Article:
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New book chronicles pioneering history of Hadland family

There have been many a great history books written about the B.C. Peace Country, and now there is one more.
Arthur-Hadland-Heritage
Baldonnel resident and farmer Arthur Hadland with a copy of his book, 'Our Hadland Heritage'.

There have been many a great history books written about the B.C. Peace Country, and now there is one more.

Arthur Hadland has just released Our Hadland Heritage, a rich 700-page tome that chronicles his family’s pioneering history and their move from depression-era Clattercote, England, at the end of the 19th Century, to Canada, and ultimately Baldonnel, and the community that sprung up around them.

“This captures a time that’s gone by,” says Hadland, quick to reminisce about social gatherings gone by at the old Baldonnel hall and days where there was no internet or social media, just people.

“There was an Anglican Church there, a couple stores, there was a restaurant, a blacksmith shop,” he says. “It actually started off it was going to be the major community, and then when the war came along everything bypassed because they built a better road alignment, which by the way very closed aligned with the old native walking trail.

“I make note of it in there, and there’s a couple places we have preserved on the farm,” he says. “It goes back 10,000 years, this crazy trail.”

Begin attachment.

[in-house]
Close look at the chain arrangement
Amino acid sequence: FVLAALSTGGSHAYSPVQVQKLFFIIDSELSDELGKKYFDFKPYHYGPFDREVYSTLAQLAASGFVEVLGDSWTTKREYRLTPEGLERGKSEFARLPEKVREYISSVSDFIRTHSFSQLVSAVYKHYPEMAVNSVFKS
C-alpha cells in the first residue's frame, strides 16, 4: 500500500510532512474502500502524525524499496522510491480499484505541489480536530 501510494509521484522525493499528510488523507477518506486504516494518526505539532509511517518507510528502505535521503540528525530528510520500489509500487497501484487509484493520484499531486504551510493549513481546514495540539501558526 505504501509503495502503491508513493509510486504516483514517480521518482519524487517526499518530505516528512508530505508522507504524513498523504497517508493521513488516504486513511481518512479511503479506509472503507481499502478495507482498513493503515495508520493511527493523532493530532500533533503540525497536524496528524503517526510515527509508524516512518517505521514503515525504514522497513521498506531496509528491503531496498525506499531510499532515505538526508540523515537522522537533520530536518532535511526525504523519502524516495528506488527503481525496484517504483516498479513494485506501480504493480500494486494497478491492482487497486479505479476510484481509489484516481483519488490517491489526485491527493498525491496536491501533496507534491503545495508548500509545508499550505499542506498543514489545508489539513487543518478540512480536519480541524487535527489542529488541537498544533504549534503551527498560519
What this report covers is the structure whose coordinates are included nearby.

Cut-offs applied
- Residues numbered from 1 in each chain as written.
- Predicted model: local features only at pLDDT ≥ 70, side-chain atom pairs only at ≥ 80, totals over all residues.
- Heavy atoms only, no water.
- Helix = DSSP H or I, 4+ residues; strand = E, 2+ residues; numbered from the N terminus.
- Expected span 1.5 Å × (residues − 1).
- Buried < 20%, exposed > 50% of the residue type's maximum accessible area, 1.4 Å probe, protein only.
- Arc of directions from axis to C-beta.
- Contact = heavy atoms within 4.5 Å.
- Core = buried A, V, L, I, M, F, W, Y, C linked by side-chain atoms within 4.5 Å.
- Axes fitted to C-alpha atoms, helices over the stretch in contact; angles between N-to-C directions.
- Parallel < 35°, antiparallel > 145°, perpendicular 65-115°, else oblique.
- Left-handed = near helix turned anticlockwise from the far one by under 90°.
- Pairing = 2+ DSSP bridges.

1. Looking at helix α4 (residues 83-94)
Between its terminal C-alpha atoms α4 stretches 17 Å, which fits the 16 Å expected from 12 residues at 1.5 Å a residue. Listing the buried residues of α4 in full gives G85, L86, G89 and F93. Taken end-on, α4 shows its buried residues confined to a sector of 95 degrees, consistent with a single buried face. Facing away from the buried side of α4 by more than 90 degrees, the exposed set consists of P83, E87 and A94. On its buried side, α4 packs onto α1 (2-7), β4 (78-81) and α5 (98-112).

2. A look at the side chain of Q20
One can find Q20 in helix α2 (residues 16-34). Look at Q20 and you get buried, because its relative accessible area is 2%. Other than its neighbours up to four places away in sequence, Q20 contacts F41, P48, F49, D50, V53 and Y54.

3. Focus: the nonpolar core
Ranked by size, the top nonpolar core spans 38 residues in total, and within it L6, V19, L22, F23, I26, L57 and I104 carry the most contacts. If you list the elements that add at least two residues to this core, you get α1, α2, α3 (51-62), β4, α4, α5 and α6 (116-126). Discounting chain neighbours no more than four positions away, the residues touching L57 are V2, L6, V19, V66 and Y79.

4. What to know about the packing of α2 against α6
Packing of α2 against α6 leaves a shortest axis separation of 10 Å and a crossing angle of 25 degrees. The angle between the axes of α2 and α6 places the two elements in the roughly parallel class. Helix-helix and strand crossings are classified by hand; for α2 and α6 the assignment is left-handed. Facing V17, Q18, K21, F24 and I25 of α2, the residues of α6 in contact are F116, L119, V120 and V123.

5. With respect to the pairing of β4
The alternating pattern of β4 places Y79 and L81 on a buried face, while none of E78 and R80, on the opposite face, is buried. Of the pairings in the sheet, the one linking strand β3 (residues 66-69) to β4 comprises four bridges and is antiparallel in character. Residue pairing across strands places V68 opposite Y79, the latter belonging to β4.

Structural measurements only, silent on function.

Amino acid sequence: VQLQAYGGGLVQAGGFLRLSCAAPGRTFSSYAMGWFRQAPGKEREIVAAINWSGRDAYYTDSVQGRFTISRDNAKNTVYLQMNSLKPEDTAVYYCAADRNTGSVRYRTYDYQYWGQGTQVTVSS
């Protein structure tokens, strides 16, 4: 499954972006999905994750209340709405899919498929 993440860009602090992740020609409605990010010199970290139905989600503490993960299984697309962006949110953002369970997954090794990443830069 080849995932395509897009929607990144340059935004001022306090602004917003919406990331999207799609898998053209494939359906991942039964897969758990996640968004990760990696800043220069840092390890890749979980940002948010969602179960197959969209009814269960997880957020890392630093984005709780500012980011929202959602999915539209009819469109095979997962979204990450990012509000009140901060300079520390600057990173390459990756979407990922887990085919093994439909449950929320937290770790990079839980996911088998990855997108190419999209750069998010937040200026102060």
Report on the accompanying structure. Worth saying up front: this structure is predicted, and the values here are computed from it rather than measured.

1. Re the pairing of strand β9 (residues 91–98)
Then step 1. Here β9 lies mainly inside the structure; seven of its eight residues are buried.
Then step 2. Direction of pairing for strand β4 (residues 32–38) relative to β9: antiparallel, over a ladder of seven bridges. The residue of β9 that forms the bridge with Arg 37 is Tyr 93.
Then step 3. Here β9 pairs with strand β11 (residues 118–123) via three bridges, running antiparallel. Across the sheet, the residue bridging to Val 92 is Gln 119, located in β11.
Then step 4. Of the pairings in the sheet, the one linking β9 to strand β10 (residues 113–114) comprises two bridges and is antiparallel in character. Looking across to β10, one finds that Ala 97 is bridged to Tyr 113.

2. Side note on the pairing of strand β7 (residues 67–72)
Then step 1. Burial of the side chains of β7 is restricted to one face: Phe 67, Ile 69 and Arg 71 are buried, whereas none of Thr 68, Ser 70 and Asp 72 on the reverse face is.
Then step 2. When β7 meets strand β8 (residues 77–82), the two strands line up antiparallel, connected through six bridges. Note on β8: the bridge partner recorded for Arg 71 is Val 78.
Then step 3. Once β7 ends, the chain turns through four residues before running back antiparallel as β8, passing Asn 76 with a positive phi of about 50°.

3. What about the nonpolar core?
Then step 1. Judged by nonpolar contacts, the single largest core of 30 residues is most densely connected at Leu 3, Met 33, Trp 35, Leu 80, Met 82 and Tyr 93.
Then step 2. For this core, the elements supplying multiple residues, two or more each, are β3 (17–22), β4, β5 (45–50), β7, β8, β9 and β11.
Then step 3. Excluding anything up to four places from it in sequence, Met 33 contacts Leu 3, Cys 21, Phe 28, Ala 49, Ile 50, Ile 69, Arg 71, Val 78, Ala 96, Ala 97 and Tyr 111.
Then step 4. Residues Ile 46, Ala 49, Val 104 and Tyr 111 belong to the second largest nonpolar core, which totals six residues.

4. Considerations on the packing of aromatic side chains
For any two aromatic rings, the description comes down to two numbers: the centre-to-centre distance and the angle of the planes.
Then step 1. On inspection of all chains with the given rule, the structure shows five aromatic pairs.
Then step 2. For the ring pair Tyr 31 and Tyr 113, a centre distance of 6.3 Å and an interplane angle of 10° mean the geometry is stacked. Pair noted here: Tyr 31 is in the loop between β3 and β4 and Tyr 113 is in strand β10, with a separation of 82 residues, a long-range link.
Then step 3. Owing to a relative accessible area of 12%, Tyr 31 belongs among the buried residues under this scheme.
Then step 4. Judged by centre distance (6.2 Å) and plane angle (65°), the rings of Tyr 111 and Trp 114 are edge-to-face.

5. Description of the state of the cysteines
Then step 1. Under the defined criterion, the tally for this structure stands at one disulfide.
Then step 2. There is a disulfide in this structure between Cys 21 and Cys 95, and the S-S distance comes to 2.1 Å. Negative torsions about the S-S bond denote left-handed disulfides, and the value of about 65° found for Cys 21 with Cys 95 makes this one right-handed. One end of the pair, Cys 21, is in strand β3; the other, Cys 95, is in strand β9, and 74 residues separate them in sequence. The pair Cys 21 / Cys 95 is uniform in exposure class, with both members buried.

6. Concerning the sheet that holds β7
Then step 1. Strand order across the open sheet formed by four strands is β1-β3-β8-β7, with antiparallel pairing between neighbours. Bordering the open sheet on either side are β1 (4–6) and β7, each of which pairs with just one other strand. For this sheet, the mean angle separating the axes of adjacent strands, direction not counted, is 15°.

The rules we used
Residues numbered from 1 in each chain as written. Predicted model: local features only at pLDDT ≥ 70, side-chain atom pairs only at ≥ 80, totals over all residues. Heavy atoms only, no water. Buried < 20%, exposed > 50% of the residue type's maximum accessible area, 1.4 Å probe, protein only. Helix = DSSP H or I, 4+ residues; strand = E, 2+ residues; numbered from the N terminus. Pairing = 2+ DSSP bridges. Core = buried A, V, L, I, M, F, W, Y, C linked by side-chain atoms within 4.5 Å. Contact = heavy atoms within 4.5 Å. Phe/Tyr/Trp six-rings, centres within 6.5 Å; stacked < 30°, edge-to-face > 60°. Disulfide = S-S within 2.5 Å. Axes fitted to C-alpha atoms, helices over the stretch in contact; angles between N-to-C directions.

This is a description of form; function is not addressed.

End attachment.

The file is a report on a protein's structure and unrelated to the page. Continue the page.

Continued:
Among the Hadland family's stories and recollections are maps, obituaries, photo journals, and a listing of Baldonnel's early settlers, taken from land registry records.


HadlandHeritage-Excerpt
An excerpt from 'Our Hadland Heritage' by Arthur Hadland.

Hadland has spent more than five years compiling information for his family's book, which also features the writings and research of his father, Austin G. Hadland, as well as Isabel Nelson, Don Siviter, and other relatives.

He says the book started off as a family project but became something more than that after he was diagnosed with a type of blood cancer called multiple myeloma. He says the quality of cancer research and treatment in B.C. is leading edge, and ultimately saved his life.

Copies of the book are available through the museum, though Hadland says he’s happy to give a copy to anyone in exchange for a contribution to the BC Cancer Foundation, or the Fort St. John Hospital Foundation.

“I was doing it for my family and it just grew and grew and grew,” he says, adding, “The only reason I was able to do it was because they saved my life with this cancer research in B.C.”

“That’s the reason I’m alive and the reason I’m doing this.”


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